That sense of joyous misrule also upends various character relationships. Bernard Bresslaw’s character meets the stunning love of his life; the factory owner’s son ends up winning and marrying his true love; and even Kenneth Williams might have consummated his relationship with his love-lorn secretary, after an educational encounter with some cockles:

That’s a joyous little gag – and joy, the film tells us, is at the heart of true love, whether that love is consummated or unconsummated. For all its conservatism – and for all the tragedies that dogged these films – that’s a wonderfully heartening response to, and way of understanding, the bawdiness that drove and was celebrated by the Carry On films.

Breaking the past, escaping the past

Escapism, Fantasy, Modernity

What to say, what to say? The perennial problem of blogging – but sometimes, an entry writes itself, and tonight is one of those nights, because I’ve been reading Steve Cockayne’s marvellous, green-haunted novel, ‘The Good People’.

It’s about a boy called Kenneth Storey, who – it seems – either has a rich fantasy life, or is living in a very traditional kind of children’s book, one that might have been written by a less talented disciple of Rudyard Kipling sometime in the 50s.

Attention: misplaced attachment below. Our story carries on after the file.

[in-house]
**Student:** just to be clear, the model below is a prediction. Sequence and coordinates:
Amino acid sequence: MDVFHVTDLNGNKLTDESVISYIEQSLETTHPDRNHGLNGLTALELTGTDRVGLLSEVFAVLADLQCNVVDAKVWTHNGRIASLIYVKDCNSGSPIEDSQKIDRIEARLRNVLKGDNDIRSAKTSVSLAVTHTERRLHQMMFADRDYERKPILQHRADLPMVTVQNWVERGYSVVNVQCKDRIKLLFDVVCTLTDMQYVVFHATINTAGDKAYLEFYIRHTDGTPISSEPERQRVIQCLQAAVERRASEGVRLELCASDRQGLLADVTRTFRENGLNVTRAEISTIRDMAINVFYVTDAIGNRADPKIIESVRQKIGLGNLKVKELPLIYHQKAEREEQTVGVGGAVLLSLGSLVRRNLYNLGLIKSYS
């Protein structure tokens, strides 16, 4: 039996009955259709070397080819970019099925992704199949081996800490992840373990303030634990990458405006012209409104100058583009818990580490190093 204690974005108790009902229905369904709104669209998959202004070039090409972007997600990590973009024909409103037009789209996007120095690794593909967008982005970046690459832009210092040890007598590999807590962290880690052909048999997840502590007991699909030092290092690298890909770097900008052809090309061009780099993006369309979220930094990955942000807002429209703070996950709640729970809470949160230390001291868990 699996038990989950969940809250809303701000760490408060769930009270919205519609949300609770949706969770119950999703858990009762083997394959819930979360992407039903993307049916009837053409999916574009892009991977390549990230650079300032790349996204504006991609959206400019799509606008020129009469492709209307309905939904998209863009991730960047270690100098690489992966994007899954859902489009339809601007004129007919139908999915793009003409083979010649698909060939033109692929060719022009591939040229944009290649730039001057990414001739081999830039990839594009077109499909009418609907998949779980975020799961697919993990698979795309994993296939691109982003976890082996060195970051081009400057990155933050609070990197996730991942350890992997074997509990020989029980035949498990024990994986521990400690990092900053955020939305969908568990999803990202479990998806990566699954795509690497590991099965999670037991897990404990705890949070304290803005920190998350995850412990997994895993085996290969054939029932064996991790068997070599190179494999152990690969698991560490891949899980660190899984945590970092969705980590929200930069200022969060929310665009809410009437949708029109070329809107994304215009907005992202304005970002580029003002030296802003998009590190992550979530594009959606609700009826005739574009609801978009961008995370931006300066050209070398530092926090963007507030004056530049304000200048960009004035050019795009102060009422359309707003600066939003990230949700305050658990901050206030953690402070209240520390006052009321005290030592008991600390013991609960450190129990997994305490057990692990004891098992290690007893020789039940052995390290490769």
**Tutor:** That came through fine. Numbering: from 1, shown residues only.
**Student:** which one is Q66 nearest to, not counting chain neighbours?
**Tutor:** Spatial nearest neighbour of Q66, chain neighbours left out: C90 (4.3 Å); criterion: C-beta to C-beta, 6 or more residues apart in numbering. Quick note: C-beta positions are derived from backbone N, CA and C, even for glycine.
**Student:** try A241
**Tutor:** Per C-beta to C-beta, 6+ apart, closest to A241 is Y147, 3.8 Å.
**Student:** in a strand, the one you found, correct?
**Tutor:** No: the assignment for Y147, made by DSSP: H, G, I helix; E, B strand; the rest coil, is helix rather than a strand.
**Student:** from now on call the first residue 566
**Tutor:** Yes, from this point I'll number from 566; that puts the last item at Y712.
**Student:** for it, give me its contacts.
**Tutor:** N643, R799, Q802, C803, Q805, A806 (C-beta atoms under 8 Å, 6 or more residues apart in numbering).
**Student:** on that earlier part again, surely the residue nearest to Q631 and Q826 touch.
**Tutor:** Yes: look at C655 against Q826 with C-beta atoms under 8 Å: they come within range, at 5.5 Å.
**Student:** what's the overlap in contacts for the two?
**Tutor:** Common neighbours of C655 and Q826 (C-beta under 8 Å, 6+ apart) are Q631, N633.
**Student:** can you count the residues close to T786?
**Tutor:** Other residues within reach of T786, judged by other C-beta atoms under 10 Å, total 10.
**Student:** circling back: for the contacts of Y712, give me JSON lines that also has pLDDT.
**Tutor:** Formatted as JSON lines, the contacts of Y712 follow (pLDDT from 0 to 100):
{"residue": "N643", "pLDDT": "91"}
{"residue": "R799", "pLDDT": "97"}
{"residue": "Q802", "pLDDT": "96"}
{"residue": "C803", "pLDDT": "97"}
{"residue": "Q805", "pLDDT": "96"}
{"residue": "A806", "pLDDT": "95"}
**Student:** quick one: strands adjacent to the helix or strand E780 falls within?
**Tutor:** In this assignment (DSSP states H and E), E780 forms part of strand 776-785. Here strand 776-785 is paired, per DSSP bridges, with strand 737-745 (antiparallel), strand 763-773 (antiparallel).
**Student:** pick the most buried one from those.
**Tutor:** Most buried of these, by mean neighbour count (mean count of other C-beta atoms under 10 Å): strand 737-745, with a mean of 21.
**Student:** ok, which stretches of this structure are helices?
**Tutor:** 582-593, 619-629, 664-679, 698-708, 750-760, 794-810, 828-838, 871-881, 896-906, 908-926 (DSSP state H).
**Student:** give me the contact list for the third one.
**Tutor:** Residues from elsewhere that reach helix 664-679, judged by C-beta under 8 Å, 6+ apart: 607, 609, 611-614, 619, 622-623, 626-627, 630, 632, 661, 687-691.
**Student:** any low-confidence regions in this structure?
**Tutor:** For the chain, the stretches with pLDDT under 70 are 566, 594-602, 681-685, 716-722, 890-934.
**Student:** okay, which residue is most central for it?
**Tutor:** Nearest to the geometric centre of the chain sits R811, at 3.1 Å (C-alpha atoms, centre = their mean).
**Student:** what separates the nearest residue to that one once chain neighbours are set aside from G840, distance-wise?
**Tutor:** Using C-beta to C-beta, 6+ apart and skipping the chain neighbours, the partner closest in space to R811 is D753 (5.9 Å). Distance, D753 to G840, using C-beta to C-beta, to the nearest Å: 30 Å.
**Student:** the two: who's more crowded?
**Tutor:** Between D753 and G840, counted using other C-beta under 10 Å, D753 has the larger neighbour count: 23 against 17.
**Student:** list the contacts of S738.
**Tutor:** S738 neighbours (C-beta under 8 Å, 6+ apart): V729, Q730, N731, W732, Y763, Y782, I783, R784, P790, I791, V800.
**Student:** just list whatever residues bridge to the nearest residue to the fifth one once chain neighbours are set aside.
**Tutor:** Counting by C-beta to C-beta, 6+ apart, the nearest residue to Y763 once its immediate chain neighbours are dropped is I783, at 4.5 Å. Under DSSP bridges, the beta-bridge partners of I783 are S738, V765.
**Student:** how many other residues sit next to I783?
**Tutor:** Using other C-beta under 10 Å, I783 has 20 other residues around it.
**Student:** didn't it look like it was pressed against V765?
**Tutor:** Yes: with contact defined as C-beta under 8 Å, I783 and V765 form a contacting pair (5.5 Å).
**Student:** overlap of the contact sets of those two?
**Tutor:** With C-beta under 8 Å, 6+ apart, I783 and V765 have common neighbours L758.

For the most part, it’s set in the 40s. In the distance, there is World War II and the Blitz; and so Kenny and his brother retreat into a faerie dream of rural life. The land of Arboria opens itself up, first to them, and to young evacuees Janny and Nadia.

But, in fiction, nowhere can be Paradise; drama needs conflict, and that conflict comes as first Robert, and then Janny and Nadia begin to grow up. As ever, maturity brings complexity; Kenny sees Arboria change to accommodate that complexity, but also slowly begins to realise that, beyond a certain point, such accommodation is impossible.